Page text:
• This proxy can now be used just like the regular object with these differences:
    • We lock them for mutual exclusion - they are guaranteed to only execute in one thread at a time. You don't need to lock your class's mutable data anymore.
    • They are executed in a thread pool of your choosing (one pool for all actors, single thread per actor, or any other combination)
    • Methods that return Unit or a Scala future execute asynchronously in the pool
    • Methods that return values will still operate synchronously, however (with exception of Scala futures).
  • When you are done with an actor, you call 'actorsFinished'. When all actors finish that were using a thread pool, that thread pool is automatically freed. 'actorsFinished' will block as needed if not all actor methods have finished execution.


The first thing that probably comes to mind for Scala typed actors is Akka. Akka is great. We like Akka. If you need its many features, you should use it too. Our library has probably not even 2% the features of Akka (and never will!). Clear enough? :-)

That said, Akka is a large, diverse collection of parallel compute, synchronization paradigms, and much more. Sometimes this is what we need, and sometimes we just need something very small, simple, and focused.

Here are the specific things we needed for our projects:

Typed actors that 'extend' our classes, not 'wrap' them

Yes, we know this seems backwards with all the hype of composition over inheritance, but we have a good reason for wanting this. Due to the Scala/Java implicit 'this' reference, it is very easy to leak 'this' outside the object when registering for callbacks, etc. Additionally, we don't like giving our classes knowledge that they are a typed actor even if just for identity purposes. Yes, we can abstract that, but it is more convoluted. Extending isn't always great either - you can't extend final classes/methods, etc (it is possible we'll add wrapping as an alternative in a future release).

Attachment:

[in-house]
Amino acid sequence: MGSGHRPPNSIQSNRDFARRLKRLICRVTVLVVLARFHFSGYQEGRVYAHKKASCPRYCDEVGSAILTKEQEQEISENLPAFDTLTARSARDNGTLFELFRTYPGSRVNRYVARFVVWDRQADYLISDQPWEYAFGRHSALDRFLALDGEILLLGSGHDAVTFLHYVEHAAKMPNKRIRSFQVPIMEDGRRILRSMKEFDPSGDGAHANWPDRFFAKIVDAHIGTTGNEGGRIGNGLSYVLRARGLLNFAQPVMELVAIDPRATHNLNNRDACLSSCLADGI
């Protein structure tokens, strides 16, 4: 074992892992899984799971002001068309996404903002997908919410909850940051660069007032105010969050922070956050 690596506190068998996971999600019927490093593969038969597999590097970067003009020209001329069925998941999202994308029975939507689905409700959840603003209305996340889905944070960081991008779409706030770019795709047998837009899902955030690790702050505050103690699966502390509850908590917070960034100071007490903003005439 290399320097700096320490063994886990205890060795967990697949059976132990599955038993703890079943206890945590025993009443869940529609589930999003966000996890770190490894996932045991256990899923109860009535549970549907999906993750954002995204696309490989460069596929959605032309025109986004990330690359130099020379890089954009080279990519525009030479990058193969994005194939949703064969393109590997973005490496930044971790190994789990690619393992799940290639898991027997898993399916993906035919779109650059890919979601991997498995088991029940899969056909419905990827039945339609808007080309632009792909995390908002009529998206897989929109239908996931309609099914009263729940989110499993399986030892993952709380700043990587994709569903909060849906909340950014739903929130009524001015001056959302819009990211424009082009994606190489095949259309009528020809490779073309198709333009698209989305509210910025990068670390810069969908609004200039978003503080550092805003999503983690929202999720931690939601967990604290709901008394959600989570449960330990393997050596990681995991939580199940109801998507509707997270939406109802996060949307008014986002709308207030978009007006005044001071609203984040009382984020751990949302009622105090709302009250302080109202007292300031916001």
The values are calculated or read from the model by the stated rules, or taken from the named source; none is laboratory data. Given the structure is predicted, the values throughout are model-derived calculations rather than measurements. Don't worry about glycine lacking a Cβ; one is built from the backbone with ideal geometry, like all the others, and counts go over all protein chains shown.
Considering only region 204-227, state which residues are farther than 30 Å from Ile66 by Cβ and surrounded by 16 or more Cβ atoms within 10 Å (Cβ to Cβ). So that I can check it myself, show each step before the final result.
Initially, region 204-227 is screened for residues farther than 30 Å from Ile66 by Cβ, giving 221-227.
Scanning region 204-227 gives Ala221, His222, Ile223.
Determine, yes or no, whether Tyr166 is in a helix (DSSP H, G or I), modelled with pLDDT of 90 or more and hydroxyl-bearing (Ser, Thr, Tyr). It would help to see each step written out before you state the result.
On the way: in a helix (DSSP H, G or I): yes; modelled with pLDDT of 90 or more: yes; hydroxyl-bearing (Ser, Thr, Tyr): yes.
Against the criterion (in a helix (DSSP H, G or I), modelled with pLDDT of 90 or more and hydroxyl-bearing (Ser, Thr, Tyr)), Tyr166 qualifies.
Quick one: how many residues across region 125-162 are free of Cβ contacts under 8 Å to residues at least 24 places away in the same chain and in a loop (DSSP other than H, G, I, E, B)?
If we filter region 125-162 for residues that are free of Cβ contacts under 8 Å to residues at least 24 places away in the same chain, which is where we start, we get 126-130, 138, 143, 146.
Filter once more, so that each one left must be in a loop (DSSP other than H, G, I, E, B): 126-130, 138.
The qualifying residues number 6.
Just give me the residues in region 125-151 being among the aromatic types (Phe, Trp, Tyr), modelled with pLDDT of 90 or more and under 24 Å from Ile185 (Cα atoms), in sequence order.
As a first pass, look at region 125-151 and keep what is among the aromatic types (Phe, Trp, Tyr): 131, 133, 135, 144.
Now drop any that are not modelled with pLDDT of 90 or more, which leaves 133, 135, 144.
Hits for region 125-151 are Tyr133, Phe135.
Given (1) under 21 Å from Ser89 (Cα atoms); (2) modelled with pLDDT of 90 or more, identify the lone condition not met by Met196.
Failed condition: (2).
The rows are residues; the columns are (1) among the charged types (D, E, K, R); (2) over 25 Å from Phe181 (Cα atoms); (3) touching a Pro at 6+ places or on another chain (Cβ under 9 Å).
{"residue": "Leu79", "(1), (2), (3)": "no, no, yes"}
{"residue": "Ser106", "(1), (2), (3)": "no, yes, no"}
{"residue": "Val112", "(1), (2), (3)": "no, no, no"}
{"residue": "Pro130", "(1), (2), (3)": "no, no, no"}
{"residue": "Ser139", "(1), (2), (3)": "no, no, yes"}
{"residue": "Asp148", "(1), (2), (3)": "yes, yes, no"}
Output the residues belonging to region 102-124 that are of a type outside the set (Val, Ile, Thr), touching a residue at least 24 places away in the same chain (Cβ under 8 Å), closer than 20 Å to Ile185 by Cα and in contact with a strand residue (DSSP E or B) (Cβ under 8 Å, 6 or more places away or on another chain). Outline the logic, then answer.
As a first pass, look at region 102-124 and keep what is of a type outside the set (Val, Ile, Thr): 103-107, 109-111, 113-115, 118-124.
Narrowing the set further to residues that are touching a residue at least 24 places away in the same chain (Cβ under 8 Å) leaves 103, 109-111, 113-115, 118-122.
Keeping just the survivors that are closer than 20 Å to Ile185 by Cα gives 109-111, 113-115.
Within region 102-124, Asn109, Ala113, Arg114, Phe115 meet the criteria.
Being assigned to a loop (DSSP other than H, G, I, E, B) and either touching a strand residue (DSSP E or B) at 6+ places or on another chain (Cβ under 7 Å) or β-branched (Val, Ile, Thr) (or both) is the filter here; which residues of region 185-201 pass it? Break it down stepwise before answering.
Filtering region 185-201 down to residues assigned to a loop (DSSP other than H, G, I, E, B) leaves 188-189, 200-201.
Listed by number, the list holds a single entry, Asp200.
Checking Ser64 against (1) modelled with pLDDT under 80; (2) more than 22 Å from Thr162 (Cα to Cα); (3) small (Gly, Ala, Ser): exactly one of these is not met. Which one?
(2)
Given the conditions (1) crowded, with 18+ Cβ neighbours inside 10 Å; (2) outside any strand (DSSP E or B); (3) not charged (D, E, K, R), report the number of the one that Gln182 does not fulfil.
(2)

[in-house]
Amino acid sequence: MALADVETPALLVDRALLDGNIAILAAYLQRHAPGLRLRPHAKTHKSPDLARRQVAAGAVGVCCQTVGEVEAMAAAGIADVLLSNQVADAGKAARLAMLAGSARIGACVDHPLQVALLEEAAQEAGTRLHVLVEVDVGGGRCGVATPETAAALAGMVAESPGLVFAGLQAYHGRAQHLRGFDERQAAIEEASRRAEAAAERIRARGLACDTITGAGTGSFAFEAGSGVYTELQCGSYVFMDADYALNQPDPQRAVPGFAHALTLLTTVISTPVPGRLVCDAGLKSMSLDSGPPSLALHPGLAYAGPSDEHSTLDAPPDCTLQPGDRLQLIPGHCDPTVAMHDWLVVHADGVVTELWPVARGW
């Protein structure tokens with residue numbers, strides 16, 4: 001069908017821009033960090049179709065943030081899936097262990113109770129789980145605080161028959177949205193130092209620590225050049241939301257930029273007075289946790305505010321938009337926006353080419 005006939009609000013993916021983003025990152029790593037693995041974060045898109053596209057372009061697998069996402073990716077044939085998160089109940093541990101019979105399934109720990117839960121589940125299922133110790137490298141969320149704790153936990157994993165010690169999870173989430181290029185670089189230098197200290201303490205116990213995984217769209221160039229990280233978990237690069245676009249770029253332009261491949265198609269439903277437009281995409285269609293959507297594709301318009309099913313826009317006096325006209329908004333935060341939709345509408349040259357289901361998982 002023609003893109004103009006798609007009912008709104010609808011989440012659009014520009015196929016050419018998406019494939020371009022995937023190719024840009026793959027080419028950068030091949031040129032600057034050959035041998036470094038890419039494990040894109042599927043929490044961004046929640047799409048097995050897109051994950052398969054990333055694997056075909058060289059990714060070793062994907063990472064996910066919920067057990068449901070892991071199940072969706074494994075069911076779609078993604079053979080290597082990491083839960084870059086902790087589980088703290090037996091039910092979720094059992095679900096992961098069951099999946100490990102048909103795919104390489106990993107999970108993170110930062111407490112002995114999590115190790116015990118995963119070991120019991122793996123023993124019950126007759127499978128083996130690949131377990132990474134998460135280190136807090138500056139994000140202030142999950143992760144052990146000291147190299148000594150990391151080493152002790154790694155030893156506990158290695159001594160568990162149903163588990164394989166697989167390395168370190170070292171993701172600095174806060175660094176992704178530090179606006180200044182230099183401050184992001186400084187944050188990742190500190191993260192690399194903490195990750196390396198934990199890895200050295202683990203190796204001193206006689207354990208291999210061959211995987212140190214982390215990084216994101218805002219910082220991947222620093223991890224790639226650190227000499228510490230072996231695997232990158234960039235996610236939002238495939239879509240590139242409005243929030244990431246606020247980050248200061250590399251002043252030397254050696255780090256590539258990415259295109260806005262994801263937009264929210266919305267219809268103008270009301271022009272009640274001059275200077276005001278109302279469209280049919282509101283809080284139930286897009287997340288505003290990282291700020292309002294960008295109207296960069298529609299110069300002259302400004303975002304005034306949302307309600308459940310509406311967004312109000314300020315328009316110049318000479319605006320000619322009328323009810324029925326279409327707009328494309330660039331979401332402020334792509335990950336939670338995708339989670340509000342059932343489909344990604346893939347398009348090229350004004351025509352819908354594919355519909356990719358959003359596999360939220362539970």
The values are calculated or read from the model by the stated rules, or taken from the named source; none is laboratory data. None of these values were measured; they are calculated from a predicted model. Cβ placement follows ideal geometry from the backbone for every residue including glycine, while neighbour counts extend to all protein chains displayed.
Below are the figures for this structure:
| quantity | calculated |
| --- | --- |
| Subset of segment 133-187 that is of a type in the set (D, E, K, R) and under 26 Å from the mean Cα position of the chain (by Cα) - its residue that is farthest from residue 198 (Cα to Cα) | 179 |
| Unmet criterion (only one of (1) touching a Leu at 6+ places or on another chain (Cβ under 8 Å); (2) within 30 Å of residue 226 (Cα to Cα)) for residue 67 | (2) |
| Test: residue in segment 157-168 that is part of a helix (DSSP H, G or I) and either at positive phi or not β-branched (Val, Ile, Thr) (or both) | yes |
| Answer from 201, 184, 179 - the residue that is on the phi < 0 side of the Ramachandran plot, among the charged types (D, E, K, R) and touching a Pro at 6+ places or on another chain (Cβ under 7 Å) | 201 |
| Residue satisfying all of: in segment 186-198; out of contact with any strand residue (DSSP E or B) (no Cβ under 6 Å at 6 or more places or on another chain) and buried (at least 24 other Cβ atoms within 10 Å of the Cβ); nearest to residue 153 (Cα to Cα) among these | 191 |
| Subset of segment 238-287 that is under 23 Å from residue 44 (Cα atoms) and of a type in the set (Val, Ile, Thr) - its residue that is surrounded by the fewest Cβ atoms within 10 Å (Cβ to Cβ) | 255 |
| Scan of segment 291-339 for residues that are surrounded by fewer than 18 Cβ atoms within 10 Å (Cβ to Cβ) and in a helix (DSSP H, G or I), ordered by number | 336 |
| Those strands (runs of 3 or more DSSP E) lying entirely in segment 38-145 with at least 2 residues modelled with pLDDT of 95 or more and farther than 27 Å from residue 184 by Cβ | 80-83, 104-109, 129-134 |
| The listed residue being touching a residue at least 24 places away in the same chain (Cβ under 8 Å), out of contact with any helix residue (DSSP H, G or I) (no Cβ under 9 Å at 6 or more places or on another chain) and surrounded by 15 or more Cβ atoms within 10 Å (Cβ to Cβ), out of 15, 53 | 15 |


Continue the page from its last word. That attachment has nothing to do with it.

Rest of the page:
Typed actor routing/load balancing

We wanted to be able to take a list of typed actors and load balance to them as a group. We wanted to do it without a lot of work or boilerplate. Lastly, we wanted a solid default load balancing algorithm that would make it easy to load balance parallel workloads.

Easy mutual exclusion without boilerplate

Not every program needs to be parallel. Due to Java having first-class threads since it's inception, several libraries have shipped with embedded threading for concurrency purposes. Even if you are writing a simple script that takes callbacks, it is very likely you'll need to think about mutual exclusion. Using a simple 'proxyActor' function call, you can wrap these callback objects in an actor that is designed for mutual exclusion, and by default, operates in the same thread it was called by. Since it is very coarse locking via proxy, you'll lose some performance/parallelism, but for many programs that just isn't a concern.

Very easy, fast, and small

The goal is to make every feature easy to use without needing to reach for the ScalaDoc. We wanted an API that fit in our heads. We only want things in the library that we will use.

Our jar is currently ~40K and includes examples. The code itself is ~160 SLOC in a single file, so no worries about tracking a bug through thousands of lines of code. You can even just copy the single file right into your programs. (unfortunately, you'd still need to have the CGLib jar)


We haven't done any benchmarks yet. No doubt we will eventually, but it isn't high priority for us as our workloads either a) do a ton of work per actor call or b) aren't performance sensitive. Regardless, since we use a proxy that uses reflection, you will want to do as much work as possible per call to call offset the overhead in performance sensitive workloads.







ProxyActors is release under a modified BSD license. This means you can use it in open source or commerical programs without the need to release your code. All we ask is that you maintain our copyright notice.


Regretfully, we are unable to accept code contributions at this time. The library currently does what we need it to do, and we wish to retain the sole copyright on the the code. Please do submit bug reports, fork, and change the code as you need, but please understand that pull requests will be refused.